In recent years, the LGBTQ+ book space has been dominated by American books. These books are important and needed. The LGBTQ+ books by Canadian writers are equally important. While Canada and the US share many cultural traits, Canada has its own rich history and a perspective unique to its people.
Here are 10 Canadian LGBTQ+ books to get you started.
Annabel by Kathleen Winter
In 1968, an intersex child was born in a rural hunting community and raised as a boy, Wayne. Secretly, Wayne’s mother and her friend call Wayne “Annabel.” Wayne begins to recognize their feminine self as Annabel, even through hyper-masculine activities prompted by their father. When Wayne is an adult, they move into a city, finding the anonymity they never had back home to be both Wayne and Annabel.
A Boy at the Edge of the World by David Kingston Yeh
In this tragi-comic “fictional memoir,” Daniel is a gay hockey player starting university in Toronto. When Daniel is caught between bike mechanic David and his ex, Marcus the performance artist, Daniel has to choose between what’s familiar and what’s new and exciting. Follow Daniel’s whimsical adventures in exploring relationships, student life, and balancing his family life back home.
Little Fish by Casey Plett
Religion, family, and identity intertwine as Wendy, a 30-something trans woman shares her struggles with her close community of friends. Wendy makes a discovery about her late grandfather, who had been a devout Mennonite, that pushes her to uncover truths about her family. Little Fish is an introspective novel that deals with heavy subjects such as alcoholism, suicide, and sex work.
Canary by Nancy Jo Cullen
This short story collection is brash, strange, and full of ordinary people. The stories focus on the daily lives of queer people, without any “coming out” stories or homophobic plots. Difficult, happy, sad, and complicated, Canary is a collection of stories about the tiny decisions that shape lives.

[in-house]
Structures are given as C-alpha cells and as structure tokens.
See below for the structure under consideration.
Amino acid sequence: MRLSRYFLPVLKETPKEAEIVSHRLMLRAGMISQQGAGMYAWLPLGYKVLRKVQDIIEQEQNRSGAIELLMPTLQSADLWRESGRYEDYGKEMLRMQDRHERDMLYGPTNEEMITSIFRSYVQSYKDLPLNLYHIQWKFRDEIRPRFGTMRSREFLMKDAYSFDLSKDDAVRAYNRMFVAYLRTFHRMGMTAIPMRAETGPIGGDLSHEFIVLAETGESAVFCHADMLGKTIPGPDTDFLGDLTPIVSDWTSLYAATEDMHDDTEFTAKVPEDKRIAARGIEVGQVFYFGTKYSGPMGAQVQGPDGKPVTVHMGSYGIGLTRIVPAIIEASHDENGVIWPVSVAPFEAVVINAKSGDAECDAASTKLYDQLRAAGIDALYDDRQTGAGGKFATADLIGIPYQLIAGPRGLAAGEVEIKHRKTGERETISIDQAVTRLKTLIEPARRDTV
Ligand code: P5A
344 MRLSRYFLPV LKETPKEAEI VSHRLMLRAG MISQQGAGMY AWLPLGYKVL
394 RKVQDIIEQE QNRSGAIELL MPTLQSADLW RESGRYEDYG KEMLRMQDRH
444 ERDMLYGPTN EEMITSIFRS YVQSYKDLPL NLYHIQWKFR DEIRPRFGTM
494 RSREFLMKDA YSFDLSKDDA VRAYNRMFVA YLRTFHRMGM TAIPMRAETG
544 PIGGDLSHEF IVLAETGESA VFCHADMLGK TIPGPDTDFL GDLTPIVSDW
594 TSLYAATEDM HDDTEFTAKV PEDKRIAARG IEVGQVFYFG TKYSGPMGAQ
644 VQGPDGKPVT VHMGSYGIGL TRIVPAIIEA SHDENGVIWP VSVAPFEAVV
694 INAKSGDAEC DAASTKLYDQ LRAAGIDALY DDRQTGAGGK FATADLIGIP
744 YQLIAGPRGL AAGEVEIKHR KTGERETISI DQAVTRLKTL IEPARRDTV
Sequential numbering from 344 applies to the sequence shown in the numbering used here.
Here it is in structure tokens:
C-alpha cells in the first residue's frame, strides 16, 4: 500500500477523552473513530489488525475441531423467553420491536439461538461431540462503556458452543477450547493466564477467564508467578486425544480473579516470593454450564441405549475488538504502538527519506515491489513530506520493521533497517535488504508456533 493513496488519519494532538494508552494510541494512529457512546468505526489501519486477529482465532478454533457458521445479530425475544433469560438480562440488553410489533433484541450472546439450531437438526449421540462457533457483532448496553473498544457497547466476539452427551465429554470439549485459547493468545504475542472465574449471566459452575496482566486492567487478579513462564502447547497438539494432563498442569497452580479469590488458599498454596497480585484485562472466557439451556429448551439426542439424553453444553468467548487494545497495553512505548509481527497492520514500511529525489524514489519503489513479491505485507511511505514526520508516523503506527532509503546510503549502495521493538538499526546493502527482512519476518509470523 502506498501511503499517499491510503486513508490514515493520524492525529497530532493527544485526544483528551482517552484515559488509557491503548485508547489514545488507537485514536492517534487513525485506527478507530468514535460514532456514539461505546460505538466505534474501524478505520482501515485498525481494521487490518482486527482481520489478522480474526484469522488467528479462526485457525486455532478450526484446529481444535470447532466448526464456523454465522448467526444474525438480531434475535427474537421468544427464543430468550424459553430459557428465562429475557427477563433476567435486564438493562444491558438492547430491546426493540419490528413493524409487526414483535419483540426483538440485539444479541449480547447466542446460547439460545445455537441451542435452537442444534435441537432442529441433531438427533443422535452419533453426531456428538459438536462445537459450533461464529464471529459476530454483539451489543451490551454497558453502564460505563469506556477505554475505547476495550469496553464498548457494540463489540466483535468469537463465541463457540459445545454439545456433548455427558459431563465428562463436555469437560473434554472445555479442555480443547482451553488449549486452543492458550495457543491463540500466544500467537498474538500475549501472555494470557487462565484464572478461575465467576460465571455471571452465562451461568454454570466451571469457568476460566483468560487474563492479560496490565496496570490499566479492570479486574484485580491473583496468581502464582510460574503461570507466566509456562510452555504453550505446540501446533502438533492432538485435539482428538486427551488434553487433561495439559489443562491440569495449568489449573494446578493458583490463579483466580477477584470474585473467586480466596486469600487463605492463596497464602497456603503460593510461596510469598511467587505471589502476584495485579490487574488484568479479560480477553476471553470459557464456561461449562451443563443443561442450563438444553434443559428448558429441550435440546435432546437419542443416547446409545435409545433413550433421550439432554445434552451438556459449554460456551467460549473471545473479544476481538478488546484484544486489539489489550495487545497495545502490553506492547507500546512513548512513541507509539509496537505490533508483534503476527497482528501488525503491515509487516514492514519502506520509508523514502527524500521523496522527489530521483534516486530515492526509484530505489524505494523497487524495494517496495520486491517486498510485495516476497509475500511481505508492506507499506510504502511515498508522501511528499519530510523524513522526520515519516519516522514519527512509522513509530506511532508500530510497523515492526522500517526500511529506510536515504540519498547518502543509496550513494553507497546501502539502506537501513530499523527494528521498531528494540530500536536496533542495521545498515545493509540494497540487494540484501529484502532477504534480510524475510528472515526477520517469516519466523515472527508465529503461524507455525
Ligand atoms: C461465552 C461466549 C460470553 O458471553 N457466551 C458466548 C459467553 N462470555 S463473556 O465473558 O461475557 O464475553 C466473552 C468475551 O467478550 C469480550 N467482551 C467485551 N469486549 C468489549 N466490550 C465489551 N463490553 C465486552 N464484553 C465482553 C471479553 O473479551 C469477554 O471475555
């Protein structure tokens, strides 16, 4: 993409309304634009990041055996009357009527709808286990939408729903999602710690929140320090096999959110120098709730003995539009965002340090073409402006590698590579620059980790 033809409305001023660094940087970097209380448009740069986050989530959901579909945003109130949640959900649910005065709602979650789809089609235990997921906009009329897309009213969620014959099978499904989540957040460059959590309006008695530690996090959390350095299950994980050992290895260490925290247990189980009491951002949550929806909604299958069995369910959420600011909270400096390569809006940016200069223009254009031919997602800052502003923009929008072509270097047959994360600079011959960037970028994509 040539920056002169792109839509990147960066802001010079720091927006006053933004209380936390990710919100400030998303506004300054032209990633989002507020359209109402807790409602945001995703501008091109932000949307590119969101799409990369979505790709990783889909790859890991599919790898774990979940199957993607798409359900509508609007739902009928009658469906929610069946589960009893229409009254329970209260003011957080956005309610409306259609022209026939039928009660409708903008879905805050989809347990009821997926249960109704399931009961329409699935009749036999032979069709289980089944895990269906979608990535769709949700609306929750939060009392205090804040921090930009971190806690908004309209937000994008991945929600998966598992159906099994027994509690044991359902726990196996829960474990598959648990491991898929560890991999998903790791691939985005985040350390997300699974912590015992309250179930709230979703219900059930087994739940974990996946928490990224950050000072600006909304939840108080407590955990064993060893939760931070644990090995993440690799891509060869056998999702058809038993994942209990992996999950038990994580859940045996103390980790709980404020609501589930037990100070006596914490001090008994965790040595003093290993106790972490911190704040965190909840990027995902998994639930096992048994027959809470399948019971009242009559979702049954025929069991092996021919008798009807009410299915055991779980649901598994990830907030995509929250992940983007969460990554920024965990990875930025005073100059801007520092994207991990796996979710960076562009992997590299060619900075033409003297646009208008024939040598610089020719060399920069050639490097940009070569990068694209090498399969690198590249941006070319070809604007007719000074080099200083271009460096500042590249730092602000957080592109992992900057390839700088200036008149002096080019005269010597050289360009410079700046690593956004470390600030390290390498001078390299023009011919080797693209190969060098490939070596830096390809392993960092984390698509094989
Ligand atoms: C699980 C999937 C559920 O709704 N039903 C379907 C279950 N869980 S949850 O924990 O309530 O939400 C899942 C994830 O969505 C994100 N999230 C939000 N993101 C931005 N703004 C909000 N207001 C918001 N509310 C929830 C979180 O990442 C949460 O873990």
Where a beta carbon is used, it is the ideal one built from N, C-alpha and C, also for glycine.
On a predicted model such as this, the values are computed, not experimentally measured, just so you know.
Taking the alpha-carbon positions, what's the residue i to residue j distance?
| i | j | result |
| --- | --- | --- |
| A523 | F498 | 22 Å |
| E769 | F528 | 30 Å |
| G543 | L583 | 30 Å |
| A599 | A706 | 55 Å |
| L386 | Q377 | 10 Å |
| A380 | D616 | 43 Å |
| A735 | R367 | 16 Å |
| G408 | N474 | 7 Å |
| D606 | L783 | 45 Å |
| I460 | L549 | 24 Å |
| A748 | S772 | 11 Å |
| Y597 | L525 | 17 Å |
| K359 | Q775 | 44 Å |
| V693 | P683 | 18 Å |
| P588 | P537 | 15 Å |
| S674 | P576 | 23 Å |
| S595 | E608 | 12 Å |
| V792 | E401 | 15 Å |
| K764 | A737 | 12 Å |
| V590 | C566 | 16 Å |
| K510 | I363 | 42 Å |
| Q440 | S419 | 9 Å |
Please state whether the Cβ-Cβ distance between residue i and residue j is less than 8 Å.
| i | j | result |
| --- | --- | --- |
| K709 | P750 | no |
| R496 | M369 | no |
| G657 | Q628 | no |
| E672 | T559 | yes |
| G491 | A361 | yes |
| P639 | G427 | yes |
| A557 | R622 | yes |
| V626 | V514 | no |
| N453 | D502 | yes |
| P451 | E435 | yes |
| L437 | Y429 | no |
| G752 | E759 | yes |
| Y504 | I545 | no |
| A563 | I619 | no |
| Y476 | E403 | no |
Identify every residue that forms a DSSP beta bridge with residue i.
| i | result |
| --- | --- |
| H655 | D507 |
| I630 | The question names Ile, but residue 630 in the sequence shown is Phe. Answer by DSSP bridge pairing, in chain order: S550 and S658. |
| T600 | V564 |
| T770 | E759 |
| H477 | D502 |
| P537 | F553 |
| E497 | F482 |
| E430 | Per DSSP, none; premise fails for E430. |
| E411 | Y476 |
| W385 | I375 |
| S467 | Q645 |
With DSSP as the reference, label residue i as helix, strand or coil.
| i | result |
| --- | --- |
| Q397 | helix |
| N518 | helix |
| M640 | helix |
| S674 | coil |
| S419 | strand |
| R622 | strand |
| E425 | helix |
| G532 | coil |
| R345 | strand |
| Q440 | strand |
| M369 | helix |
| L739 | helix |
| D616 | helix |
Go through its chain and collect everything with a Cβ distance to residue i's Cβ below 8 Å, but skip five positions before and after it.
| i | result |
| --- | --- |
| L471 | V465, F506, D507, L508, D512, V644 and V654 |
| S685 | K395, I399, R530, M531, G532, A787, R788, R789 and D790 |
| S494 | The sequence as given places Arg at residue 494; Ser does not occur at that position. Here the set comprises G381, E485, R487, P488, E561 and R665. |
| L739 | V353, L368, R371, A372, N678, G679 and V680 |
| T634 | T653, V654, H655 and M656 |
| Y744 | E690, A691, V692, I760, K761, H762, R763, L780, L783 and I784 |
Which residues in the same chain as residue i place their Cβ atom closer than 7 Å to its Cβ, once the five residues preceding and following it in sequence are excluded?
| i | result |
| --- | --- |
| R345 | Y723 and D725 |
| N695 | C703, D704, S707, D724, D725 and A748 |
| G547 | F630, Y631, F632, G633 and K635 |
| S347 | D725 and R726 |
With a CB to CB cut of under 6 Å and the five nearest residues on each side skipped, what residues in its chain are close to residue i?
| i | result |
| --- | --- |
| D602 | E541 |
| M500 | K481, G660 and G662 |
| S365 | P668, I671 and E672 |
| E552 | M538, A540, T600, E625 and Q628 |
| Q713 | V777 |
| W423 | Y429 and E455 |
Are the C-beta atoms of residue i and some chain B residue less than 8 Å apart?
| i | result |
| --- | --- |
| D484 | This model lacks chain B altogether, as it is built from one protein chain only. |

How to Get A Girl Pregnant by Karleen Pendleton Jimènez
The path to parenthood isn’t one-way. This memoir approaches Karleen Pendleton Jimènez’s journey to motherhood as a butch lesbian of color with humor and brutal honesty. As she weighs different options, Jiménez experiences frustration, failures, and triumphs.
The Jade Peony by Wayson Choy
Set in 1930’s-1940’s Vancouver Chinatown, The Jade Peony is the story of a Chinese immigrant family from the perspective of the three youngest children. The siblings wrestle with their own identities while the world around them is constantly changing. Together, they survive hardships and growing up with humor and determination.
This Wound is a World by Billy-Ray Belcourt
Indigenous poet Billy-Ray Belcourt explores form through themes of sex, grief, and decolonization. Somewhere between memoir and manifesto, this collection of poems is a hopeful invitation for the future.
Swimming in the Monsoon Sea by Shyam Selvadurai
Fourteen-year-old Amrith lives with his Uncle and Auntie in Sri Lanka during the summer of 1980. He is learning how to type and hoping to get a part in the school production of Othello. When his cousin arrives from Canada, Amrith’s life is turned upside down. Jealousy and the embarrassment of first love fill this vibrant novel.
Jonny Appleseed by Joshua Whitehead
Jonny is a Two-Spirit/Indigiqueer cybersex worker living in the city. When his stepfather dies, Jonny has a week until he has to return home to the reserve for the funeral. Recalling family stories of his beloved grandmother and traumatic events, Jonny begins to put the pieces of his life back together with glitter, love, and dreams.
The Heart Does Not Bend by Makeda Silvera
When Molly’s grandmother Maria dies and leaves nothing to her, Molly is forced to confront the bitterness the family matriarch held towards her. Molly traces her life backwards to her childhood in Jamaica, where Maria always had unconditional love for Molly. As an adolescent, Molly and Maria clash, leading to a move to Canada to be with Maria’s adult children. Maria pulls farther away from Molly when she discovers Molly’s choice of romantic partner. This generational story is full of the love and heartbreak of family.
Hungry for more Canadian literature? These Award-Winning Canadian Books from 2018 are perfect for this year’s TBR.